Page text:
Porn is not the biggest issue

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Emma Daniel

News Editor

According to Alabama legislators, porn is one of the greatest health crises affecting our great state.

The Alabama Senate actually passed a resolution recognizing pornography as a public health emergency.

Alabama is ranked #47 nationally on quality of health. 

Wow, great—we aren’t last.

In my years of following the Legislature, I’ve found Alabama legislators more willing to engage in hypocrisy and posturing when it comes to the health of its people.

If Alabama is supposed to be militantly pro-life, why aren’t we working toward improving the lives of those who already live here and are sick here?

Y’all, never forget: Alabama’s 1901 constitution was literally written to disenfranchise people. 

To this day, Alabama continues to either use sneaky or sly methods and outright disregard the plight of citizens when it comes to public health. 

According to the National Centers for Disease Control and Prevention, Alabama women died from pregnancy and childbirth complications at almost double the national rate.

Many Alabamians have to drive more than 50 miles to get access to a proper labor and delivery unit.

This comes just after Alabama got a hold of itself on infant mortality rates.

(Yet, the infant mortality rate for African-Americans in Alabama remains twice the rate for whites.)

Alabama is also currently considering a medical marijuana bill to let citizens with certain medical conditions use the substance and would provide a laundry list of complex rules and regulations about the sale and use of marijuana.

I predict this bill will not pass, even though thousands of Alabamians have qualifying conditions that would be treated with medicinal marijuana

Marijuana prohibition in Alabama costs the state $22 million keeping people locked up in 2016, according to the Southern Poverty Law Center. 

Legislators won’t tell you that African-Americans are four times more likely than white people to be arrested for marijuana possession.

Our prison system is also infamous for being hellish — the Justice Department even said Alabama violated the Eighth Amendment’s “cruel and unusual punishment” clause for the state of its prison system.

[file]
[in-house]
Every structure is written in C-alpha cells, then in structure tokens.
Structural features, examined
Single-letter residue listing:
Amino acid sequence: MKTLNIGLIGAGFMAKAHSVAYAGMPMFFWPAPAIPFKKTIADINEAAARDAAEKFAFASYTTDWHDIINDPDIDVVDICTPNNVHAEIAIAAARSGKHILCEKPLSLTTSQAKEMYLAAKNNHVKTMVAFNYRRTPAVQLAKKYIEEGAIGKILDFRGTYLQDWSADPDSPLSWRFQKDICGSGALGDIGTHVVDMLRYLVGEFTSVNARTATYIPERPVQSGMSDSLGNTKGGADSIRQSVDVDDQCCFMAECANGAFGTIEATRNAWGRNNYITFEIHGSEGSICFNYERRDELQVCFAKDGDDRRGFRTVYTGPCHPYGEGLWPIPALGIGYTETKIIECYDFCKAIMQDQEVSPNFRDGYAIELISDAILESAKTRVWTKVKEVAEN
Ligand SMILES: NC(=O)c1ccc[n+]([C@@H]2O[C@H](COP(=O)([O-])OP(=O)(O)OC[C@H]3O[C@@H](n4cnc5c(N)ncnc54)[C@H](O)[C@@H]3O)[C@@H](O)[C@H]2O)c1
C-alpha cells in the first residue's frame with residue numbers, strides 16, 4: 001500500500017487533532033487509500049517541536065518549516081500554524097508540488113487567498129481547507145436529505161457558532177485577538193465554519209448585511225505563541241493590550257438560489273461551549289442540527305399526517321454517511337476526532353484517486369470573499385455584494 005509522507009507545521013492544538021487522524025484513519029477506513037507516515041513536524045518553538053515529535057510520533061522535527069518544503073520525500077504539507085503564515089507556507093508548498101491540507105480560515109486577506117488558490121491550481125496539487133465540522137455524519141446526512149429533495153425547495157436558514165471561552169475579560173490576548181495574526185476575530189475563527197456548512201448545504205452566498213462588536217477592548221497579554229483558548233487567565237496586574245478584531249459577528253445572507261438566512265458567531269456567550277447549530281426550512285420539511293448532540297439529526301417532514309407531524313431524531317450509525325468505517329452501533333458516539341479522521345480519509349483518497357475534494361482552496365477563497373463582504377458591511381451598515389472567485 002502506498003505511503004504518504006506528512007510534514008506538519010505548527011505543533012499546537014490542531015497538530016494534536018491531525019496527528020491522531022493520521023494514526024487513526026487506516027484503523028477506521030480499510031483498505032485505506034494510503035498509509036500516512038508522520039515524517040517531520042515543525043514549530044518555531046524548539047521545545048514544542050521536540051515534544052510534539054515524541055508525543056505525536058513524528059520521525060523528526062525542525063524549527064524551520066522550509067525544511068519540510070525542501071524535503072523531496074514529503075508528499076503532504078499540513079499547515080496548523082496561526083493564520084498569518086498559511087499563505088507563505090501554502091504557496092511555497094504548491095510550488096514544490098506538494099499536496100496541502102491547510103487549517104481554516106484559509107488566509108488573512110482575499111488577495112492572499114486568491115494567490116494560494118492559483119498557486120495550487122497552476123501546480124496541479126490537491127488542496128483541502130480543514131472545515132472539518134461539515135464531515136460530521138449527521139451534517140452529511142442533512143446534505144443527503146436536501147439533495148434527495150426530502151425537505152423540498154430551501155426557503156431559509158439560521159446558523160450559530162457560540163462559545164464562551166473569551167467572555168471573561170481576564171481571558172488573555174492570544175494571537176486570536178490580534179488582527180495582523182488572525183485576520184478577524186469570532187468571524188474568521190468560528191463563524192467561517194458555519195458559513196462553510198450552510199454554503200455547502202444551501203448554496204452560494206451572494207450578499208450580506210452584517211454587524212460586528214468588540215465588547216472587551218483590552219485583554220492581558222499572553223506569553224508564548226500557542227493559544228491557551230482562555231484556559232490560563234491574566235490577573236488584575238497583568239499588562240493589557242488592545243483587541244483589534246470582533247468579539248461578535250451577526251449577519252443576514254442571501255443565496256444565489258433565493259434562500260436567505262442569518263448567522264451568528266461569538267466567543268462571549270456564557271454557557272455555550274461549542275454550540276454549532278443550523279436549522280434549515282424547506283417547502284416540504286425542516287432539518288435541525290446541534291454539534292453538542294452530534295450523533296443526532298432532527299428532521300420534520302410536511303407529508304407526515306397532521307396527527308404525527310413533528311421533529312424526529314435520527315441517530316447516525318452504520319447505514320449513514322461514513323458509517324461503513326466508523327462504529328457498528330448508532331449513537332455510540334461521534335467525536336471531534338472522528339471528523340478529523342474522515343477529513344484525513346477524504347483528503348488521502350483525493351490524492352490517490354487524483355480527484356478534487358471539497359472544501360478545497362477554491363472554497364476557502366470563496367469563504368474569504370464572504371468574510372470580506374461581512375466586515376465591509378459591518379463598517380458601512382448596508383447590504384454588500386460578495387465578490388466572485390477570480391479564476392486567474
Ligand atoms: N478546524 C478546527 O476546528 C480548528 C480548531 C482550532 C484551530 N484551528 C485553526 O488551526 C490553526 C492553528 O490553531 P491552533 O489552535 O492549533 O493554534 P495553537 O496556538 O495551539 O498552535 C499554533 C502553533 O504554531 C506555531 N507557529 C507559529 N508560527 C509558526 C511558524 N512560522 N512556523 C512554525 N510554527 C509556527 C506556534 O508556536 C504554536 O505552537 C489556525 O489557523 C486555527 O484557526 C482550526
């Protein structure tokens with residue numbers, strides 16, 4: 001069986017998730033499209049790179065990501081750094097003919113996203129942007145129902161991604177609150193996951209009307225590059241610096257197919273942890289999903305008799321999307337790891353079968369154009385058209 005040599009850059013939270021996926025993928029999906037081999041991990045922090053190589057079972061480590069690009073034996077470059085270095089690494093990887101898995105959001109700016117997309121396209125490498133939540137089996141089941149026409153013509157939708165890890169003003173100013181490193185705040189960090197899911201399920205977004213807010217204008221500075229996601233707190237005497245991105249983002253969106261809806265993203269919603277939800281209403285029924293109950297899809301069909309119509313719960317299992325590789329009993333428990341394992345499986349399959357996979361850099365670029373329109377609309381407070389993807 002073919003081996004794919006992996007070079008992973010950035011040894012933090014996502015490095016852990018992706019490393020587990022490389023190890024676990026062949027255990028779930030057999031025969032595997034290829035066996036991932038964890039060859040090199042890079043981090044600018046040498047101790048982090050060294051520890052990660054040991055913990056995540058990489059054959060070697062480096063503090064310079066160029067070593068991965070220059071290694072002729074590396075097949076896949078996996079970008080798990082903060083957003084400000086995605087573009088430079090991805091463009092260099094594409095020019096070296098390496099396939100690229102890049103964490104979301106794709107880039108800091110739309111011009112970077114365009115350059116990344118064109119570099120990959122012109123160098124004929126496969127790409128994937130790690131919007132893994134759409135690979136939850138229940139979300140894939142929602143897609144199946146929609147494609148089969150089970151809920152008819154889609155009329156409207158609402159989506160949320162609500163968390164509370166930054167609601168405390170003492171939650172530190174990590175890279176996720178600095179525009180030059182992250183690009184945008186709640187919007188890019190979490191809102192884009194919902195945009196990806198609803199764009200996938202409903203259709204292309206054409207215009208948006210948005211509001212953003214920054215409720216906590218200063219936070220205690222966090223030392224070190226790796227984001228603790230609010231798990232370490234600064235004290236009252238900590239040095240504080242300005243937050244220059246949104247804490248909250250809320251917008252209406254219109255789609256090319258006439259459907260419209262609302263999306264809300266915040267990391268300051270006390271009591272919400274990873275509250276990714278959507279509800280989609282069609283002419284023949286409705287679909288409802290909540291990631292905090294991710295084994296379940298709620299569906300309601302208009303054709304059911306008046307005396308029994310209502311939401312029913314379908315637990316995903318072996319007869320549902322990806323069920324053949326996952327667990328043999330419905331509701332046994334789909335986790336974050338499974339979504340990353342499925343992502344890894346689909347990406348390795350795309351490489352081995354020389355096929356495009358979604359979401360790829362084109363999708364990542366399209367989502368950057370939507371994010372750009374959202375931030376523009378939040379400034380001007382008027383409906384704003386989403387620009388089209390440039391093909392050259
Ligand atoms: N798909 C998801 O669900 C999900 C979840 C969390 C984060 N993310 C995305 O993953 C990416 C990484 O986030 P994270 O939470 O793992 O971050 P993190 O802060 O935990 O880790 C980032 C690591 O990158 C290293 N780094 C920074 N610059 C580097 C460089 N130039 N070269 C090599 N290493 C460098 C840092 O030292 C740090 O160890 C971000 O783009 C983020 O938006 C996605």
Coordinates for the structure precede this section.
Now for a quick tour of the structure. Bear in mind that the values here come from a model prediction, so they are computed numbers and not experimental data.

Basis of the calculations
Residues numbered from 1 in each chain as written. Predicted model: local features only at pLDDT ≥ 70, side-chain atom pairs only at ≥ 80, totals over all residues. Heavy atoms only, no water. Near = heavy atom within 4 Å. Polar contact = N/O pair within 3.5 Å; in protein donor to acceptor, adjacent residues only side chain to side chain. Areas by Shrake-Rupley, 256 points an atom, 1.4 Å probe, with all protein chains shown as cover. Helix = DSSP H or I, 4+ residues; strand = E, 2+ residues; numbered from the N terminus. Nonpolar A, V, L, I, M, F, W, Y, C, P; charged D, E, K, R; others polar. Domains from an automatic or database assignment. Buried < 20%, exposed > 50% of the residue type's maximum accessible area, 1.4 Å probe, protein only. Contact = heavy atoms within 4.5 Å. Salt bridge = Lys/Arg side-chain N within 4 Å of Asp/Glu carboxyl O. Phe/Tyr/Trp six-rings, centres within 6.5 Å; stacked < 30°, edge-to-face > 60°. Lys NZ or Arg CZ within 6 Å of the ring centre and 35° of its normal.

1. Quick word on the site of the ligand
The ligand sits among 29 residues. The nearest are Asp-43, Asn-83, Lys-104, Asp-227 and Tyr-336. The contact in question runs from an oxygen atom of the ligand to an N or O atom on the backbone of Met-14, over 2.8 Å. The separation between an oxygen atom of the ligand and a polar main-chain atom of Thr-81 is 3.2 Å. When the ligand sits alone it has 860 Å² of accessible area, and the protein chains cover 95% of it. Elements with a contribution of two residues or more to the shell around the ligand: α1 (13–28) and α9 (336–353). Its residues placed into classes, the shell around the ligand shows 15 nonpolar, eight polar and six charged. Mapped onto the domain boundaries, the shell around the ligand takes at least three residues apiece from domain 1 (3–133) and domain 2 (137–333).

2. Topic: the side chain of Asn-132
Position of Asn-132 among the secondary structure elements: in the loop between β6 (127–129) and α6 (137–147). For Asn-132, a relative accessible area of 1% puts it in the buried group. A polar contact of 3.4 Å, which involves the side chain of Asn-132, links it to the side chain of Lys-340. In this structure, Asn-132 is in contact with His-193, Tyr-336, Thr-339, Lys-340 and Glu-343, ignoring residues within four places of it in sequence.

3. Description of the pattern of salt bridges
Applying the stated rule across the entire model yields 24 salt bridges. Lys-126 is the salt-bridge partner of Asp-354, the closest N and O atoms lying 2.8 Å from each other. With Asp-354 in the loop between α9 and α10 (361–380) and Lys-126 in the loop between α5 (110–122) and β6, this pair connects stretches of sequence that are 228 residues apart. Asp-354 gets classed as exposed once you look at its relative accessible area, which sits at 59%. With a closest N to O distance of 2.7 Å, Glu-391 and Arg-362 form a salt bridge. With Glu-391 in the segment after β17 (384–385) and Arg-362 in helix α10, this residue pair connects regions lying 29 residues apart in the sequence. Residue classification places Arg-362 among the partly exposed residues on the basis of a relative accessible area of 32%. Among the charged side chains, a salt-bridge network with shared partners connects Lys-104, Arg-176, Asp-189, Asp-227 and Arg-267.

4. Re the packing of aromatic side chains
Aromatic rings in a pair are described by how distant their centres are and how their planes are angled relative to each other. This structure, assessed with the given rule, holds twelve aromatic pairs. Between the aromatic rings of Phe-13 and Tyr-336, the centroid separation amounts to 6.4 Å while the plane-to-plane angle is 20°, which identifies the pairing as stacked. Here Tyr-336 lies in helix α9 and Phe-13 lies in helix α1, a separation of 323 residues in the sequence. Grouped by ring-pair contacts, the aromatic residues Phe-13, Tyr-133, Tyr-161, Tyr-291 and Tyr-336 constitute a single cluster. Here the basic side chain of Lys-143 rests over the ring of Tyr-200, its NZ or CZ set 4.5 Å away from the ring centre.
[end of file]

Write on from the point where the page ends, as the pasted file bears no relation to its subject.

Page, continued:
Aside from a substantial amount of drugs and weapons, overcrowding and terrible facilities (inspectors even being exposed to raw sewage while touring prisons), the mental health treatment in prison is abysmal, with at least 13 suicides reported in Alabama prisons between December 2017 and February 2019.

Alabama’s overall mental health is ranked at #40, according to Mental Health America.

In 2016, Alabama’s suicide rate was 16.2 per 100,000 people, compared to the national average of 13.9.  

Physical health also seems to have troubling numbers —Alabama citizens have a life expectancy three years shorter than other Americans, and more Alabamians die from cancer and heart disease than the national average.

Hookworm broke out in Lowndes County in 2019 due to contaminated water systems. 

(Companies are also currently allowed to dump toxic sludge into Alabama rivers — that can’t help public health in the slightest.)

Thirteen Alabama hospitals have closed since 2010, leaving many, especially in rural communities, with lacking healthcare. 

The Alabama Hospital Association president has also said the last hospital closing in 2019 will almost certainly not be the end of closures. 

Alabama will seemingly continue to let its public health degrade and degrade until a far worse situation arises.

Legislators will continue to posture and bring attention away from the actual issues affecting Alabamians.

People are dying.

But, God forbid the good people of Alabama are exposed to pornography. 

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